Gigglin’ with Mike Birbiglia

A&E sits down with comedian before his weekend at the Paramount

Comedian Mike Birbiglia has gained critical acclaim from past standup tours “My Girlfriend’s Boyfriend” and “Sleepwalk with Me” — the latter of which was transformed into a film of the same name, which Birbiglia both starred in and directed. With critics and Birbiglia himself both deeming his latest routine, “Thank God for Jokes,” the funniest he has ever performed, Charlottesville is ready to welcome the funny man, along with special guest Chris Gethard, to the Paramount Theater Saturday.

The Cavalier Daily got a chance to ask Birbiglia about his tour, awkward encounters and his best bits. And if you’re laughing by the end, you’re in luck — tickets are still on sale for the show.

Arts & Entertainment: Do you like performing [in front of] college students more or less than adult audiences?

Mike Birbiglia: One of my favorite shows of my career was actually at U.Va. in 2006 with John Mulaney. It was a college tour and one of my favorite shows of my whole life. It was in a recital hall, the crowd was super excited, super smart. Everyone who we dealt with was so nice, and the campus is just breathtaking. I’m very excited to be coming back to Charlottesville.

A&E: What makes the best type of audience?

MB: I like all kinds, to be honest. I like doing international shows. I liked doing “My Girlfriend’s Boyfriend” in London and Canada. All audiences are different, and it’s the same material, but it’s heard in a different way, because everyone has a different experience of the stories. It’s interesting for me as a storyteller to hear people respond in different ways. I have a bit about the movie “Top Gun,” where I think of the movie “Top Gun” as, like, “this is who I am.” Some of them get what “Top Gun” is, and some of them don’t. Different types of shows are important in order to understand what’s most humorous about your stories — or not — to most other cultures.

A&E: What’s different about this tour compared to your other shows?

MB: My goal was for [“Thank God for Jokes”] to be the funniest show that I’ve ever made. With “My Girlfriend’s Boyfriend,” it’s really about the narrative. I have a story to tell. But with this one, I want to make the show as funny as it can be, and if there is a narrative, that’s cool too. It’s secondary to the jokes, though. A typical response is that, “I’ve never laughed so hard for so long,” and that’s the biggest compliment I could have asked for.

A&E: What’s your favorite thing about being on tour?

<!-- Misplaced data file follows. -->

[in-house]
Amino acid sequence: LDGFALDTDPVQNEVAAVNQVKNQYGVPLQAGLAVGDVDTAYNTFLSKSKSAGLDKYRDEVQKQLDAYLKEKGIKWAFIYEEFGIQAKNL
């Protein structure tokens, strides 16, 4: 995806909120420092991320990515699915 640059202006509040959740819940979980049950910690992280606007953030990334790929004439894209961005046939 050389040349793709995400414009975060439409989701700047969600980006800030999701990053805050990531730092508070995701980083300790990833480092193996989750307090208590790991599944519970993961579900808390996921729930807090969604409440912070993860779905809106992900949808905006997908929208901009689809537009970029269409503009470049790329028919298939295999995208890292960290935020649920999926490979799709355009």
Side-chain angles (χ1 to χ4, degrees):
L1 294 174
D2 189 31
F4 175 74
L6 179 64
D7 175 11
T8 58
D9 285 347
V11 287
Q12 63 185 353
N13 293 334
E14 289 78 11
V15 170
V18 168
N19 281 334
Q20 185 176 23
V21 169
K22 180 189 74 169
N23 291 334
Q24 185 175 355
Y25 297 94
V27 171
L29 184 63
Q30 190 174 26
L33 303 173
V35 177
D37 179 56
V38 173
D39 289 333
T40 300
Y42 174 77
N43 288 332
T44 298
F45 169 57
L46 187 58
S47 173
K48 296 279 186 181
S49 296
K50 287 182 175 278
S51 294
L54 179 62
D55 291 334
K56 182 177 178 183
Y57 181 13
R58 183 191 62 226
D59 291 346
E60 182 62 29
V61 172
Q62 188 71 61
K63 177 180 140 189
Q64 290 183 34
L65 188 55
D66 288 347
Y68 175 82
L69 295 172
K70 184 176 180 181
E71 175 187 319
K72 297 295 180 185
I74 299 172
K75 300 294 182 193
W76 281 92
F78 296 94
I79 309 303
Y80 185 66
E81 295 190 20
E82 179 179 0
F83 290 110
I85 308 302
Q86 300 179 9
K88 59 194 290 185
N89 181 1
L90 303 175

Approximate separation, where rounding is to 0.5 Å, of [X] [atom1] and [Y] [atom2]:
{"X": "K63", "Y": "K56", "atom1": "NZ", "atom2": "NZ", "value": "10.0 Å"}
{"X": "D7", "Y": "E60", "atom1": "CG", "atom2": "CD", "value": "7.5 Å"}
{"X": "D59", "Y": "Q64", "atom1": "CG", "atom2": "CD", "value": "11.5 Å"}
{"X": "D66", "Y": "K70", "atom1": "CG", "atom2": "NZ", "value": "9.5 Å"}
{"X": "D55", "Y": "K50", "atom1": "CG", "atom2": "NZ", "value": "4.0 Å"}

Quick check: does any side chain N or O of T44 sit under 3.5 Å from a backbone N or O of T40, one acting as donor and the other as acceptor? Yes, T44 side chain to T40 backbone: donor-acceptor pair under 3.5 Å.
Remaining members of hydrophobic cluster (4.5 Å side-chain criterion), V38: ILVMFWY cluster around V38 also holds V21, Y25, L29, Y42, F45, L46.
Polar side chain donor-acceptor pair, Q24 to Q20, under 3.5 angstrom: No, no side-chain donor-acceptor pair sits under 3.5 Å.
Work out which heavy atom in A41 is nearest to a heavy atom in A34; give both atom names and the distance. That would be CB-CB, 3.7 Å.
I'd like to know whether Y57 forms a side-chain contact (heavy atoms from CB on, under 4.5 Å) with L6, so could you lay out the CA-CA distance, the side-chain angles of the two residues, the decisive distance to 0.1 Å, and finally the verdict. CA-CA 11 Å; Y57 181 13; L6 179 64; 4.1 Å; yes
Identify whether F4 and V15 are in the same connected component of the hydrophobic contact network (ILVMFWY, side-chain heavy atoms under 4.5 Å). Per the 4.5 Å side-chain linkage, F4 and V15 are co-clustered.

MB: Traveling makes your mind stir. It makes you think about a lot of your life, because you can’t get fully [settled]. I made a mistake about college — I should have gone abroad. I think everyone should go abroad. It gives you perspective.

A&E: Have you had any particularly rough shows?

MB: No, most are great. Though I toured a casino, which is like, fine. Some people are there to see you, and some people are there to gamble and drink, and you’re there too. You’re the break in between the gambling. You’re telling people stories and they’re thinking about how they just lost $95,000 and how their kids aren’t going to go to college.

A&E: How often do awkward encounters happen to you? How do you know when a situation can become good material?

MB: I have this theory about jokes that you can’t tell jokes to anyone other than your friends. It never goes well to tell a joke to a stranger because either they’re offended by it, or they think you’re flirting with them. This weekend, actually, I was at a restaurant in Charleston, [and] this girl said, “I want to come to your show tonight but I couldn’t afford a ticket.” I wanted to smooth it over, so I said, “This conversation we’re having is funnier than a show anyway.” And she said, “Well, I have a boyfriend.” And I said, “That is not a response to anything I have said.” So that happens a lot. Life is a never-ending well of comedy.

A&E: You have recently appeared on the talk shows of Seth Meyers, Jimmy Fallon and Conan O’Brien. Between the three of them, marry, f**, kill?*

MB: Oh, man, that’s a tough one. Well, I love Conan and I would never do anything to hurt him. You have to print that or I will sue you. But you have to kill Conan, because he would die so humorously, with his hair and his long arms, he would look like a Halloween horror movie character. And, of course, [then f***] Jimmy, ‘cause he’s the best looking. And Seth just seems like a good domestic partner.

If you would like to fully experience the self-described combination of Matt Damon and Bill O’Reilly for yourself, I suggest you head to the Paramount on Saturday.

Published April 3, 2014 in Arts and Entertainment, tableau

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